The U.S. Postal Service has one of the largest material handling systems in the world for moving mail. It uses more than 8,500 pieces of mail processing equipment to sort over 153 billion mailpieces annually.
Since fiscal year (FY) 2014, the Postal Service has, on average, invested about $36 million annually in field material handling (FMH) projects. FMH projects are generally needed to address safety concerns, sustain operations, or create workhour savings from more efficient mail processing.
When an FMH investment is based on workhour savings, it should improve mail processing operations and provide a return on investment (ROI). The ROI is calculated by comparing total anticipated benefits to the investment amount. The benefits are typically realized from reducing labor costs by replacing manual processing with automation.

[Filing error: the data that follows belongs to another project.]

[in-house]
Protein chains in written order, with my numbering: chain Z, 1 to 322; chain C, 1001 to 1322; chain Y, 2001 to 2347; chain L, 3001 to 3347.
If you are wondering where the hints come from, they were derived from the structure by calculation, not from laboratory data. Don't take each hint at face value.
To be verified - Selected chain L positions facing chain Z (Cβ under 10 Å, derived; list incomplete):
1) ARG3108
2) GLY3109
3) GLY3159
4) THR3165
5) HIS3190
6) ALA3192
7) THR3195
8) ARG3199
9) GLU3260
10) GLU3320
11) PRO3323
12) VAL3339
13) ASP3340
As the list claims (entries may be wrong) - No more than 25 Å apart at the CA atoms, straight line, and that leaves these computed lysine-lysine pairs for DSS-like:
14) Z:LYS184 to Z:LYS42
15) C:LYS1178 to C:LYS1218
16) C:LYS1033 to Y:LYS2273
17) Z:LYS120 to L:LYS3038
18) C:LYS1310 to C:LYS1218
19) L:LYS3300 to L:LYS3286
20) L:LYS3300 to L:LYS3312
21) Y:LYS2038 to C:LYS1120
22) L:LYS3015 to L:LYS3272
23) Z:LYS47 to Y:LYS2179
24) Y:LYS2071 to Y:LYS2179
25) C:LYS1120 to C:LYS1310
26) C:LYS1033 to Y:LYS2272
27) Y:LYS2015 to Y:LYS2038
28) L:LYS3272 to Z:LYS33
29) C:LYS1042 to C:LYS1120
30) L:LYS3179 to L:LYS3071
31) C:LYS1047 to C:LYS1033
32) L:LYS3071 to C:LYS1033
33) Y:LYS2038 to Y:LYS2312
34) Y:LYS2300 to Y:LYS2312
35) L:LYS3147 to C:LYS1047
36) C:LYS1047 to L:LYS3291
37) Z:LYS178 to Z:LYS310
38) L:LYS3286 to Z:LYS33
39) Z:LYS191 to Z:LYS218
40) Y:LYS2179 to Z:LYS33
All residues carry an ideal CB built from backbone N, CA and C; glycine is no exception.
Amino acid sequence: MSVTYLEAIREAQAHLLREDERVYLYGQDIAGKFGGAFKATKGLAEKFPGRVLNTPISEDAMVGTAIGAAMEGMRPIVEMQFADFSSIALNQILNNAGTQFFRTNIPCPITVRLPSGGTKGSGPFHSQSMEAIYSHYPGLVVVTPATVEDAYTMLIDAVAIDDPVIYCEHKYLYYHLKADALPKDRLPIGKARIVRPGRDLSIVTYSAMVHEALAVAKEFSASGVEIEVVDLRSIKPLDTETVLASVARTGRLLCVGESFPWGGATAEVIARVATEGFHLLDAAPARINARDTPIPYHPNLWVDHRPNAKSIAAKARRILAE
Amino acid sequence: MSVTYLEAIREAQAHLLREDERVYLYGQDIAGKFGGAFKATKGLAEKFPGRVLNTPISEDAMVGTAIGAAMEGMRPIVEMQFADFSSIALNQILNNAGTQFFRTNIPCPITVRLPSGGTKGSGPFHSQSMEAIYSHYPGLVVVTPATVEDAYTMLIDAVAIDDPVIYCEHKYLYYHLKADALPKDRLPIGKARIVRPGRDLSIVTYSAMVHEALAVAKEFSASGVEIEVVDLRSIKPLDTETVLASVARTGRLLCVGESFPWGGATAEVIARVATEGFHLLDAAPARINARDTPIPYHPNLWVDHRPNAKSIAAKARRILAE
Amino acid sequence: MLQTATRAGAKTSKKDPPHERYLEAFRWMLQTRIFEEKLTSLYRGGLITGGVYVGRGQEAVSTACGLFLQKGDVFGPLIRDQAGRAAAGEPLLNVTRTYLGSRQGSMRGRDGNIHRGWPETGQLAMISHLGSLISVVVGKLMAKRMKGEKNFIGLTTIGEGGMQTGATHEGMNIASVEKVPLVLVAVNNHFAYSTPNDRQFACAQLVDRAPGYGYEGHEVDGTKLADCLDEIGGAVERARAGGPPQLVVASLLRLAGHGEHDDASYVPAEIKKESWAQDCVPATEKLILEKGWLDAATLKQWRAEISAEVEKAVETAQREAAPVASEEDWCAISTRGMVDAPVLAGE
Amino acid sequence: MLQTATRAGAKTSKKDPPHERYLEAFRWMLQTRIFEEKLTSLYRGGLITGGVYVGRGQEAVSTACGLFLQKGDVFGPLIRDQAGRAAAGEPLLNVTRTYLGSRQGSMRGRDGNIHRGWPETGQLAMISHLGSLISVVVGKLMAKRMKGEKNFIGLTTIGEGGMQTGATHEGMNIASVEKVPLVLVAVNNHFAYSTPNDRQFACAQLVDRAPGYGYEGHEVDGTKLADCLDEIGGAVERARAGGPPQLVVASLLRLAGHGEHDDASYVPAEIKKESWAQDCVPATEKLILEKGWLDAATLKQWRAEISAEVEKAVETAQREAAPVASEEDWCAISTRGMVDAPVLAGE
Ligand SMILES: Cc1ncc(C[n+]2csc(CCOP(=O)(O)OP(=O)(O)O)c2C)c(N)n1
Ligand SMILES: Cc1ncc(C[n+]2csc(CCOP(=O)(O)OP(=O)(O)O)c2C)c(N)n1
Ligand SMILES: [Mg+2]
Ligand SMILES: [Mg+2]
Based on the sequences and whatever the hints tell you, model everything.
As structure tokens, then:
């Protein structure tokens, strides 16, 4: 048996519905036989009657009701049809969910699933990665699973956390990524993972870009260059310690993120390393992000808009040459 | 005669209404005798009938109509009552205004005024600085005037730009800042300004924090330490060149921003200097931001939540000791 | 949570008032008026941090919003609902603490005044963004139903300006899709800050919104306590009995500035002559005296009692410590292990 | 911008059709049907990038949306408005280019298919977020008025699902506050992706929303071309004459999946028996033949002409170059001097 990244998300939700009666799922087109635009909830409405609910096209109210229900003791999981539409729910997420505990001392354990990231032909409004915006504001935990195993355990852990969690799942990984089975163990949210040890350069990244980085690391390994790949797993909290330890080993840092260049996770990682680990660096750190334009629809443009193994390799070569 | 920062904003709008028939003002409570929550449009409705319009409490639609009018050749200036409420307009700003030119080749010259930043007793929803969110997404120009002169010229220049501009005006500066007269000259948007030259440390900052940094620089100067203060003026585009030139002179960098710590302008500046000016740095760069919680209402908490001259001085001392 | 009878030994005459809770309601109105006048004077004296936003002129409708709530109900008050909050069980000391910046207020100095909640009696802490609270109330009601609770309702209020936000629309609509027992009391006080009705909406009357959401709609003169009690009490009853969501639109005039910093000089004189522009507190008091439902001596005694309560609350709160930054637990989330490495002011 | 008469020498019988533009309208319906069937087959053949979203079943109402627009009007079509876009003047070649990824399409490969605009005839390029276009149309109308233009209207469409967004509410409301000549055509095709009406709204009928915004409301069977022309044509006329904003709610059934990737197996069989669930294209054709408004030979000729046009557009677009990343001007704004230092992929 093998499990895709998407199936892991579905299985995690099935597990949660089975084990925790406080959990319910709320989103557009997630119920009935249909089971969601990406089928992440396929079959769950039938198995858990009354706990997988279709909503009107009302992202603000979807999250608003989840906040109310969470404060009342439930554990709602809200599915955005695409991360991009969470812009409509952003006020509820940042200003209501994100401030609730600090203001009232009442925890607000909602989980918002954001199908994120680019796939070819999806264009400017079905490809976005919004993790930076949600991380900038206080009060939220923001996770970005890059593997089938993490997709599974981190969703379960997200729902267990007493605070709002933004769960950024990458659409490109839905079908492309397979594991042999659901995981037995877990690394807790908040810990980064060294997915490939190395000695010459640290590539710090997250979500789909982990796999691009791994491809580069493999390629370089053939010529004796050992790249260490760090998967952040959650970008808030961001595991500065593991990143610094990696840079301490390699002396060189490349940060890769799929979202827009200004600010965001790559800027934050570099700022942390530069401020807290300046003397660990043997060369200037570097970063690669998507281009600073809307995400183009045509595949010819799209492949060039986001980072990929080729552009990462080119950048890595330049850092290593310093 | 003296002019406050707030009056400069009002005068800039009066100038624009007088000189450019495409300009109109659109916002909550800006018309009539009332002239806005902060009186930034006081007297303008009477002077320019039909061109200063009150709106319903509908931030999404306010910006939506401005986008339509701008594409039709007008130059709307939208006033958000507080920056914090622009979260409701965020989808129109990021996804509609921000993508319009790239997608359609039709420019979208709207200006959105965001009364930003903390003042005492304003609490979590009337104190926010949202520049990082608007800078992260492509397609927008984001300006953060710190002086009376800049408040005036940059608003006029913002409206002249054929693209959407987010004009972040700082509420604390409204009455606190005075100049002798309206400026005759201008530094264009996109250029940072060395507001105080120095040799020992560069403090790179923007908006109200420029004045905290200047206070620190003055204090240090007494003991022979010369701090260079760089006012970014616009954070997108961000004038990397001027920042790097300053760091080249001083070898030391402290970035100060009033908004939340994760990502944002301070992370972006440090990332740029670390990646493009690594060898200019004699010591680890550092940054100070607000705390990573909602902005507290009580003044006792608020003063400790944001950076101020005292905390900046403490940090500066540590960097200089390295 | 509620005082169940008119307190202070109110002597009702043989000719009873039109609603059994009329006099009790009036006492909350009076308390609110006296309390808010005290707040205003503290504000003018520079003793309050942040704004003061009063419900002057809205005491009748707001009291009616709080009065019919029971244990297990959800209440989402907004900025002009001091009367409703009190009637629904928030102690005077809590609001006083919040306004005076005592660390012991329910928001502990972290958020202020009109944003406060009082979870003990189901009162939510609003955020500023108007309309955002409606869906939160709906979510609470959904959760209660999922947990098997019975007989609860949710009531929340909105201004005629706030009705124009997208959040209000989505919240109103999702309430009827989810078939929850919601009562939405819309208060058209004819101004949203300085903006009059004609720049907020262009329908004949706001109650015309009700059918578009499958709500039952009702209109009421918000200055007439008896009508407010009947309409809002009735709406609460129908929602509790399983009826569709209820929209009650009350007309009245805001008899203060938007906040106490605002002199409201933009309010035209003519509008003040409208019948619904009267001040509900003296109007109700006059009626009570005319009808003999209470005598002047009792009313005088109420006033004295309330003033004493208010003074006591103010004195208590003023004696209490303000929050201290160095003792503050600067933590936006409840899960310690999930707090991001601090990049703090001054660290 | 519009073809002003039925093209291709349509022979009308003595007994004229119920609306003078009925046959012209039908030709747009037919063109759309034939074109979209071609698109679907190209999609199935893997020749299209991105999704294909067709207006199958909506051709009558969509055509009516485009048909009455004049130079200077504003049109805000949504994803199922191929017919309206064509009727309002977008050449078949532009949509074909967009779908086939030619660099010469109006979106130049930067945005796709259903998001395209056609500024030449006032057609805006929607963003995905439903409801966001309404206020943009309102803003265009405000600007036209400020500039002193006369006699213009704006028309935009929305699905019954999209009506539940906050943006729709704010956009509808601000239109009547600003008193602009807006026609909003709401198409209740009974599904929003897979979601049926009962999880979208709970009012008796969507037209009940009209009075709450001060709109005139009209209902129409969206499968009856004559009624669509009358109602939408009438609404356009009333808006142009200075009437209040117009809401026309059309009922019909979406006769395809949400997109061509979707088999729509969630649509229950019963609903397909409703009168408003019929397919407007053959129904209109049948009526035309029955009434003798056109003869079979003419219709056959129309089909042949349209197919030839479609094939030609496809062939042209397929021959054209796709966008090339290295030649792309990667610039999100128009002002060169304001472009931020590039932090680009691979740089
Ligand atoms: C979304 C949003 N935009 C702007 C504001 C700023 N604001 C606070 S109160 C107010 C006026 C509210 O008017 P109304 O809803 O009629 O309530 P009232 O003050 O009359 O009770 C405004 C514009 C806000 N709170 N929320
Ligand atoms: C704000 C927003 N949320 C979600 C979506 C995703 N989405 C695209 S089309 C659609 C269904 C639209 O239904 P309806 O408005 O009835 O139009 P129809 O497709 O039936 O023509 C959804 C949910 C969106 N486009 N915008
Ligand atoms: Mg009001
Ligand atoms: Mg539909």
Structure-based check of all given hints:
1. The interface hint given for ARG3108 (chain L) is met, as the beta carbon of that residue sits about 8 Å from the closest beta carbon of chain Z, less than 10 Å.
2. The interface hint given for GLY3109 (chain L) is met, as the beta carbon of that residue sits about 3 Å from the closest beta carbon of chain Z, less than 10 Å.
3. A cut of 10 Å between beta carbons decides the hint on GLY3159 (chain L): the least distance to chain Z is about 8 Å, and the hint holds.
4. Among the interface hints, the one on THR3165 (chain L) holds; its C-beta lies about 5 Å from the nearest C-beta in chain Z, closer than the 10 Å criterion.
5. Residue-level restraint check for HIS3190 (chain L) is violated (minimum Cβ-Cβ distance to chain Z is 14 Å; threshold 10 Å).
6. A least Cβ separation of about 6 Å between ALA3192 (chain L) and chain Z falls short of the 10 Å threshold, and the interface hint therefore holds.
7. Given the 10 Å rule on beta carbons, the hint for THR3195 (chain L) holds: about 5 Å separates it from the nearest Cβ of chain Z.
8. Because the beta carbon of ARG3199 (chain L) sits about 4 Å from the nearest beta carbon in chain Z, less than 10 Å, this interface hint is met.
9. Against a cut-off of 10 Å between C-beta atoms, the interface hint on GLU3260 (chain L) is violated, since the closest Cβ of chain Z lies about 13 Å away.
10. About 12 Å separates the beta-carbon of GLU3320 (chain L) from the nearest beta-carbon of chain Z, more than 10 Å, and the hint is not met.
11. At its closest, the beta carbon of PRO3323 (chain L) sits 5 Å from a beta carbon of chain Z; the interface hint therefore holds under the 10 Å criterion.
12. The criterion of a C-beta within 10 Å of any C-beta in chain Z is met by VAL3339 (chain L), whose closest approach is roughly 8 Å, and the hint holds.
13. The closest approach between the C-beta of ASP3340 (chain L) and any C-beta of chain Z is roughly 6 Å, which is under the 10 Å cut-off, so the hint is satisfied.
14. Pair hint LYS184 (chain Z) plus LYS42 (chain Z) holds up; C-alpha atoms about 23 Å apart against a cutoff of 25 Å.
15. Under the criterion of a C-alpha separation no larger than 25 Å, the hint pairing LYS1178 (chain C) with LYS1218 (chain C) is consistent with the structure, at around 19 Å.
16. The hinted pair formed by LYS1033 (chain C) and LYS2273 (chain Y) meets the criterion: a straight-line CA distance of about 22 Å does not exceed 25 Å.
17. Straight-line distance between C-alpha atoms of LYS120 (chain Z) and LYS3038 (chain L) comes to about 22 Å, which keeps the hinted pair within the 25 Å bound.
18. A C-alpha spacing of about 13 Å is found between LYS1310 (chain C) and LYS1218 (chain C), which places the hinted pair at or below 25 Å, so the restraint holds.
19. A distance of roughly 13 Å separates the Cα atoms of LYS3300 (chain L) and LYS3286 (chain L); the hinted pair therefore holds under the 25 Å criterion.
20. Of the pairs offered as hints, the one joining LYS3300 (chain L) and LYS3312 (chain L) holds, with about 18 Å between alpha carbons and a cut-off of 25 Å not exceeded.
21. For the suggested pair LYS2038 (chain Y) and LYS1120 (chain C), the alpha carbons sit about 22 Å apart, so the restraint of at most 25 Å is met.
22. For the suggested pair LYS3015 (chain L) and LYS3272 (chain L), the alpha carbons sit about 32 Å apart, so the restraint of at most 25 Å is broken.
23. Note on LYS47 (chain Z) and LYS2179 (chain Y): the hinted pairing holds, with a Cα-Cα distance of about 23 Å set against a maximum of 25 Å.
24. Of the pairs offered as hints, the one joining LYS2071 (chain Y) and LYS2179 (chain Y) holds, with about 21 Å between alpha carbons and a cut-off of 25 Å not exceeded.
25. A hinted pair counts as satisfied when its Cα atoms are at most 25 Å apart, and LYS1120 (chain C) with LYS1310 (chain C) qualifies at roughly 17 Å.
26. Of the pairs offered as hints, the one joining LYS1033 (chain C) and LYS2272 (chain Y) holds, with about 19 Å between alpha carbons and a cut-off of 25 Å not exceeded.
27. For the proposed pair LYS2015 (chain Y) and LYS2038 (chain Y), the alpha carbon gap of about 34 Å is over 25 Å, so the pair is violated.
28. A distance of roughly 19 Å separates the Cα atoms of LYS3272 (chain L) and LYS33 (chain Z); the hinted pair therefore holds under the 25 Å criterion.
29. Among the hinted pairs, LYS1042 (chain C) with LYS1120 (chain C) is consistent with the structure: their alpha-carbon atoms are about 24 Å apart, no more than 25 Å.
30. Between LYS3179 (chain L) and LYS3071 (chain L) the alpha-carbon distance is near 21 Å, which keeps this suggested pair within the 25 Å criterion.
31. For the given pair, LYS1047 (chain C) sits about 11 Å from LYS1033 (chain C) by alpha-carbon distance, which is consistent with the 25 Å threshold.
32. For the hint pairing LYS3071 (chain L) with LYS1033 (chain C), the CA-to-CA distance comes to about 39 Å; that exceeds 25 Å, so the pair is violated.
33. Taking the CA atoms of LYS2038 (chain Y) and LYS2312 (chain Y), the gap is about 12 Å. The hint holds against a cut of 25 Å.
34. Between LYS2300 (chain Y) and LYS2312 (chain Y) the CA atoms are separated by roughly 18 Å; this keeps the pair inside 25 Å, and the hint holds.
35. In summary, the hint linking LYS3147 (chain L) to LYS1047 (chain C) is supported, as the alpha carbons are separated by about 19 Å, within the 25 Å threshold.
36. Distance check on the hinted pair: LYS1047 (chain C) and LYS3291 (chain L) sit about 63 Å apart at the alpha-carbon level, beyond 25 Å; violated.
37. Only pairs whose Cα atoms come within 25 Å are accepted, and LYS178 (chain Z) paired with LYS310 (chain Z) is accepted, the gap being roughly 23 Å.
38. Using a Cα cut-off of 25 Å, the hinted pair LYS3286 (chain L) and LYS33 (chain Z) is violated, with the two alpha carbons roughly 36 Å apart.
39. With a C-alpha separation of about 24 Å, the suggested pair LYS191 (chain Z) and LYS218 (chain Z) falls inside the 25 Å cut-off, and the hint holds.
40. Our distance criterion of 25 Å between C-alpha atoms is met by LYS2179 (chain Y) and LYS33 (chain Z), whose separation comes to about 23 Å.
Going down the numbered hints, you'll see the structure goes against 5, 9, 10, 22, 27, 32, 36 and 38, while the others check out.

Postal Service Headquarters Finance develops and allocates a workhour budget to the seven area vice presidents annually. These budgets establish the fiscal year workhour plan. When an FMH investment has labor savings, headquarters Finance should reduce the impacted area’s workhour budget to ensure the Postal Service meets workhour reductions.
We initiated this audit based on a Postal Service briefing that reported FMH projects completed in FY 2016 had reduced workhours by over .
Our objective was to determine if the Postal Service achieved its anticipated ROI for field material handling projects completed in FY 2016.
What the OIG Recommended
We recommended management reduce workhour budgets for the projects that should have had budget reductions; develop and implement a financial policy to apply consistent allocation of savings for FMH projects; update Postal Service policy for all investments, including FMH projects; and provide oversight to ensure project performance tracking.